18 June 2012
Why going green doesn’t cost the earth
Low-cost initiatives can deliver environmental ambitions, says DAK's Dennis McCarthy
In 2011, the Carbon Disclosure Project, which has been collecting data on greenhouse gas emissions for almost a decade, reported an 80% increase in the number of organisations responding to information requests. Evidence, if it were needed, that there has been an undoubted increase in momentum behind the green agenda.
The current philosophy is to use measurement and compliance with legislation as a stick to beat organisations into submission. This is like trying to lose weight by stepping on and off the scales when what's needed is a better understanding of diet and fitness. Unfortunately this is shaping the direction of environmental innovation towards quick-fix, prestige projects, new facilities and assets which take years to deliver a payback. In addition, the impact on the carbon footprint of manufacturing new greener assets and disposing of the old ones can take many years to balance out. Furthermore, such 'innovations' are frequently supported by grants and legislation (not true economics) to the detriment of established manufacturers in countries such as the UK.
Over the last few weeks I have spoken to representatives from over 20 manufacturing organisations about their approach to sustainability – without exception, each had a positive story of low-cost or even no-cost innovations that pay back in months if not weeks. This ranged from an engineer who had used his own initiative to reduce the amount of water lost in cooling ceramic pump seals to one-tenth of its previous level, to a passionate global senior manager who was freely sharing best practice ideas at a recent WM continuous improvement network meeting.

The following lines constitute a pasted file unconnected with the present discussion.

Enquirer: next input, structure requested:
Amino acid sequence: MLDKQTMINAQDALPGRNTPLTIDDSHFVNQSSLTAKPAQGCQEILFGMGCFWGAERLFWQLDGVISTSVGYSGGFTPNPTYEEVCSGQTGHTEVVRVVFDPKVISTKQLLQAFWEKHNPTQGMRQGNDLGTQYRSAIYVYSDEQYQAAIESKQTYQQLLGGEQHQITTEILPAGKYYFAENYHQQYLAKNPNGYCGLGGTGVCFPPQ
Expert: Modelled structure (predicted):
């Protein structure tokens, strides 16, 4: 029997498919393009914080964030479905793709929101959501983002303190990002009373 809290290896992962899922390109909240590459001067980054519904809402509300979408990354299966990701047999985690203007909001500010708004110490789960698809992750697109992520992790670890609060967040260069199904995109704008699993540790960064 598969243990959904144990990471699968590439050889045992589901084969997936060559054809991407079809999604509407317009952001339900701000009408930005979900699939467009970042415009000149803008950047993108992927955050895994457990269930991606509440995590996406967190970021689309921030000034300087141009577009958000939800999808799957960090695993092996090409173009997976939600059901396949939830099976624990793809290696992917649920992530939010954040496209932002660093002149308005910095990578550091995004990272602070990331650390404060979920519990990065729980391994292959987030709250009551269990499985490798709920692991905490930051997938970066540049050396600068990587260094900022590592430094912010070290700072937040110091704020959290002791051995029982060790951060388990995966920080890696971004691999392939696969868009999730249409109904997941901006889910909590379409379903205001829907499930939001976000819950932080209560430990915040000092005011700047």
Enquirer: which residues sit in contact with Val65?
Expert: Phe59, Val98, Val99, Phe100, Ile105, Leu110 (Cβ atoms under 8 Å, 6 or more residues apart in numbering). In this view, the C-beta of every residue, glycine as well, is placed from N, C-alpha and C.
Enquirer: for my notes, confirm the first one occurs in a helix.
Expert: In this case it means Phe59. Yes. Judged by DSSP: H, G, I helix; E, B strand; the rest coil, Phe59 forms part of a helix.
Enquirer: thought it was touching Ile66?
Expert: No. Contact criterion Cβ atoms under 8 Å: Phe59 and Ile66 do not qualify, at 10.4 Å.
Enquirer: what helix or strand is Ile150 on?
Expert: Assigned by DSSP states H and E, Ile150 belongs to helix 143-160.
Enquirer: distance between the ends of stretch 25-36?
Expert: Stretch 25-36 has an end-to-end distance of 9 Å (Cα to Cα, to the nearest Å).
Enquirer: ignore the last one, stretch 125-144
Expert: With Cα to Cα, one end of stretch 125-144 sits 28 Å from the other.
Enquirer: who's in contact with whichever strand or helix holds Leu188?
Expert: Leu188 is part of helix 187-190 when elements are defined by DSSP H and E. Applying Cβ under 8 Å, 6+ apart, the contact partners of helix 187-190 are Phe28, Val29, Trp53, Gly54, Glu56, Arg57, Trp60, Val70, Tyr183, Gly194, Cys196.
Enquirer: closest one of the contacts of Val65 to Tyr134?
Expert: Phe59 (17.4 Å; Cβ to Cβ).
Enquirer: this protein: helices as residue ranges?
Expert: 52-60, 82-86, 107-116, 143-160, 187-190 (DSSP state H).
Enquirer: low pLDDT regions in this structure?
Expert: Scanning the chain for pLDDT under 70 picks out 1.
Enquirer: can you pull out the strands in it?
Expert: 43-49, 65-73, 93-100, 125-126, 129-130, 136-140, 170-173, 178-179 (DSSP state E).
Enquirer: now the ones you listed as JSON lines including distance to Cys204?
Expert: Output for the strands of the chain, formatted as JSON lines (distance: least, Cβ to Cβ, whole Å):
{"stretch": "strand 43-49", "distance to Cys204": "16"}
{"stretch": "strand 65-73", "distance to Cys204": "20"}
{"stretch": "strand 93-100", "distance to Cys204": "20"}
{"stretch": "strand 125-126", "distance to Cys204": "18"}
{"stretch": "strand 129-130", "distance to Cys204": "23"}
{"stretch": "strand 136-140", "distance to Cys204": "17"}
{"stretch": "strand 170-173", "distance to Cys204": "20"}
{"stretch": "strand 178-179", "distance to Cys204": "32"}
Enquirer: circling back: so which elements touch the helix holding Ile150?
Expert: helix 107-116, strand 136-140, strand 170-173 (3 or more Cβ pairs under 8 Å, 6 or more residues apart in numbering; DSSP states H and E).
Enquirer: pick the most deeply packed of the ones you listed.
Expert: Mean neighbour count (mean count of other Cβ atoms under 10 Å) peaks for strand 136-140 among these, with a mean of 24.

What is clear from talking to people at the frontline of manufacturing is that the environment is one of those topics that people will happily support. Previously, I've written about motivation and how not only is money the most expensive motivator but other factors have a more direct impact on motivation.
The green agenda is a positive motivator and trigger for true innovation but it would seem that this dimension is missed by governments, standards organisations and many top managers. There are established micro performance measures – such as OEE, which has a direct correlation with energy use and percentage added value – which are much easier to translate into improvement actions, and which can have a rapid impact on the green agenda and profits.
Dennis McCarthy, director at DAK Consulting
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